This paper explores the current state of university-based business incubators (UBIs) in Canada by utilizing both secondary and primary data obtained through desk-based secondary research and semi-structured interviews with UBI managers, academics, and support staff. These data informed the development of nine cases of UBIs in Canada. The data were collected from VoIP (Voice-Over-Internet-Protocol) based semi-structured interviews with 32 participants during the COVID-19 pandemic (March 2021–February 2022), from which 9 cases were developed during the pandemic. The key themes derived from the findings were the development of communication skills, curriculum development, extra-curricular activities, industry engagement, innovation, research skills and strategic thinking. The originality of this study lies in its identification of the current state of UBI activities as well as its assessment of the broad range of activities and provisions among Canadian UBIs. The empirical development of showcasing these initiatives is also novel for the efficacy of UBIs concerning institutional and managerial decision-making and operational planning. There are implications for academics, senior management in higher education, entrepreneurs, policymakers and other stakeholders in the entrepreneurship ecosystem. © The Author(s) 2022.
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    The Dubai Dream: A Case Study of Nabi Café in the Emirate of Dubai
    (Case Centre UK, 2022) Kenawy, Fatma; Gilani, Sayed; Yasin, Naveed; Sergio, Rommel Sergio; Askri, Soumaya
    Nowadays, female entrepreneurs are recognized as a fast-growing category of entrepreneurship, aggravated many researchers/academics' attention. Women can create an outstanding contribution to entrepreneurial activity, leading to economic development through making new job opportunities available, GDP rise, as well as positively impacting poverty. Nonetheless, women's participation in the business industry is remarkably lower than men's as it's reported that in UAE, males are more probably to be established entrepreneurs at 7% compared to female established entrepreneurs at 0.9%. Those findings suggest that males generally would be at a higher rate of entrepreneurship and more likely to be business owners beyond the start-up levels. In this case study, we will be discussing the complications that female entrepreneurs face instantly and provide the methods of dealing with these complications by reviewing the in-depth interview in cooperation with Nabaa Kamal owner of Nabi Café, walking us through its success journey. Although the case study would not cover all aspects of the problematic issues, it still provides a decent account of the perspectives and steps that can positively influence young females in UAE towards entrepreneurship.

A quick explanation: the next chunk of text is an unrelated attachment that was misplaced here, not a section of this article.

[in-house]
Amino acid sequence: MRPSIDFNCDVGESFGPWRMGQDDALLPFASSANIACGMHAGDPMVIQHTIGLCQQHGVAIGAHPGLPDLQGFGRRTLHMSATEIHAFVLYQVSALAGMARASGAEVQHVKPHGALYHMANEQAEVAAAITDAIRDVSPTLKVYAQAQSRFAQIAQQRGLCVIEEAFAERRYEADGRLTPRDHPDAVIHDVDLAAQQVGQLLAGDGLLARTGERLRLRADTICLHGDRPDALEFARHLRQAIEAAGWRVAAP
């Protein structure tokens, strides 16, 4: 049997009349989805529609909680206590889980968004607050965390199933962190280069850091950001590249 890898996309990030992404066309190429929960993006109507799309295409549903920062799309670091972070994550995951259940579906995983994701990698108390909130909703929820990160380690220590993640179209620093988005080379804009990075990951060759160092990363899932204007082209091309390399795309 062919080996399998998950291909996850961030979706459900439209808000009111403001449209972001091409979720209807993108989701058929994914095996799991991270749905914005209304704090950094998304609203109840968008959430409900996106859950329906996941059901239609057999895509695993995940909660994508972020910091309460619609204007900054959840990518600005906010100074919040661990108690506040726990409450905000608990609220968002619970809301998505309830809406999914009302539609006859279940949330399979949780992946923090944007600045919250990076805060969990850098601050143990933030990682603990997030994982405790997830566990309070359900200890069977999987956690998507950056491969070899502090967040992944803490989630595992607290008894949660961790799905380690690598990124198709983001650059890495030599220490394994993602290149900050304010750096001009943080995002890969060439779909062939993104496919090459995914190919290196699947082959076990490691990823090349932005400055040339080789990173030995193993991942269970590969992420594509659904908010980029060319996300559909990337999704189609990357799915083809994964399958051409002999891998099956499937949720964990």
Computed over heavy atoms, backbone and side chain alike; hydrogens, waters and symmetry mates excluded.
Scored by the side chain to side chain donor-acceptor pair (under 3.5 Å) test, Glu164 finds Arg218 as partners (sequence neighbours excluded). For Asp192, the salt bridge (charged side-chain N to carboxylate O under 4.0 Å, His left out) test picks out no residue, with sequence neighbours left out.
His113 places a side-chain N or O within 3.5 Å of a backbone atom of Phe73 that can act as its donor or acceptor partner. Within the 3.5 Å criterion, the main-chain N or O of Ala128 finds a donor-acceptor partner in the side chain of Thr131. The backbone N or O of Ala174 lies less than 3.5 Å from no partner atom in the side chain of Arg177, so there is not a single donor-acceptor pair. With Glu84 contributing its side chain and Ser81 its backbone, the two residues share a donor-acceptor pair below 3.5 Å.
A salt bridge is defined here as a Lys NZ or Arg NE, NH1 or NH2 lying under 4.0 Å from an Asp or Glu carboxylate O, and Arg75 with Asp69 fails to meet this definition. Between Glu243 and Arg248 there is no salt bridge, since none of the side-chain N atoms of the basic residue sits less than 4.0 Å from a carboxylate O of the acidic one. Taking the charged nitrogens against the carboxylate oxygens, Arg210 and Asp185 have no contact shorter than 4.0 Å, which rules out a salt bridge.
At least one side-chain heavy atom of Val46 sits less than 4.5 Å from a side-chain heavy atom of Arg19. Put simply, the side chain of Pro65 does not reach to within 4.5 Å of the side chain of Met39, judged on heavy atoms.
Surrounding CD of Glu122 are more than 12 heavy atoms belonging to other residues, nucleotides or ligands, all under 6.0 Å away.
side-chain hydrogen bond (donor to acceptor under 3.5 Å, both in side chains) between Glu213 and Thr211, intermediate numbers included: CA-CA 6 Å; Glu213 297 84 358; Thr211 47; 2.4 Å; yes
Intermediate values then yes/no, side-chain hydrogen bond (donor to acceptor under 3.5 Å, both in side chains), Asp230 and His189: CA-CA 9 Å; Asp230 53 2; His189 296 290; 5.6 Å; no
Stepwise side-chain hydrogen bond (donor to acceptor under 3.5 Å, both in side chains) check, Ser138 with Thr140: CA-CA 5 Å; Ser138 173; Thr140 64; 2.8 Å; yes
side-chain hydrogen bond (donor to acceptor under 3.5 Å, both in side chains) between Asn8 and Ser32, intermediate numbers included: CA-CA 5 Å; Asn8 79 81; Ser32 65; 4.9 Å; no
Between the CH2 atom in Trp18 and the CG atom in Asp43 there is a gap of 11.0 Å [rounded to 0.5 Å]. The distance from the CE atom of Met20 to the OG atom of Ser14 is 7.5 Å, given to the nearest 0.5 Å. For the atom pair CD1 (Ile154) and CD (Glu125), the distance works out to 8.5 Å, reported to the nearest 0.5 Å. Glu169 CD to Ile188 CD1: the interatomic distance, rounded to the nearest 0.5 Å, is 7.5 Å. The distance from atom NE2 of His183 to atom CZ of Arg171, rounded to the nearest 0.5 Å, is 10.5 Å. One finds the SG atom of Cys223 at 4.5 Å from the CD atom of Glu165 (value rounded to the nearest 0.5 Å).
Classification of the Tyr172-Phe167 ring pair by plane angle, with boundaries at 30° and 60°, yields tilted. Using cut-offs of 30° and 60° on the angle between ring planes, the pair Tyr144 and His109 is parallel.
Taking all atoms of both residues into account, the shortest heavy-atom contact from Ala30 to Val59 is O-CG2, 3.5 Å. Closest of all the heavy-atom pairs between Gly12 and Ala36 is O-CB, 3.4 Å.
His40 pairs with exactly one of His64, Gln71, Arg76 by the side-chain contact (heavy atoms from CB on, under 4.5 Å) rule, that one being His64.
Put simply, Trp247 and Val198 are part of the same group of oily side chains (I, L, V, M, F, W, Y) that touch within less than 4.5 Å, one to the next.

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    ‘Imitate or Incubate?’ Evaluating the Current State of University-Based Business Incubators in the United Arab Emirates
    (Sage Publications India Pvt. Ltd, 2022) Yasin, Naveed; Gilani, Sayed Abdul Majid
    Although there has been extensive research on business incubators (BIs) in the private sector, relatively little is known about university-based business incubators (UBIs) in the context of emerging markets such as the United Arab Emirates (UAE). This study explores the current state of UBIs in the UAE by analysing secondary and primary data obtained through desk-based research and qualitative semi-structured interviews with UBI managers, academics and support staff. Informed by this study comprising nine cases of UBIs in the UAE, the data were collected through Voice over Internet Protocol and telephone during March 2021–February 2022 during the COVID-19 pandemic. Based on the analysis of data using Template Analysis, the findings illustrate that UAE universities’ BIs are relatively young and characterized by eight key themes, which were identified as (a) attracting new students, (b) improving communication skills, (c) curriculum development, (d) extra-curricular development, (e) industry engagement, (f) innovation/spinoffs, (g) research skills and (h) strategic thinking. As per the UAE Vision 2031, UBIs will play a crucial role in innovation and entrepreneurship, and therefore there are implications for academics, entrepreneurs and policymakers. © 2022 Fortune Institute of International Business.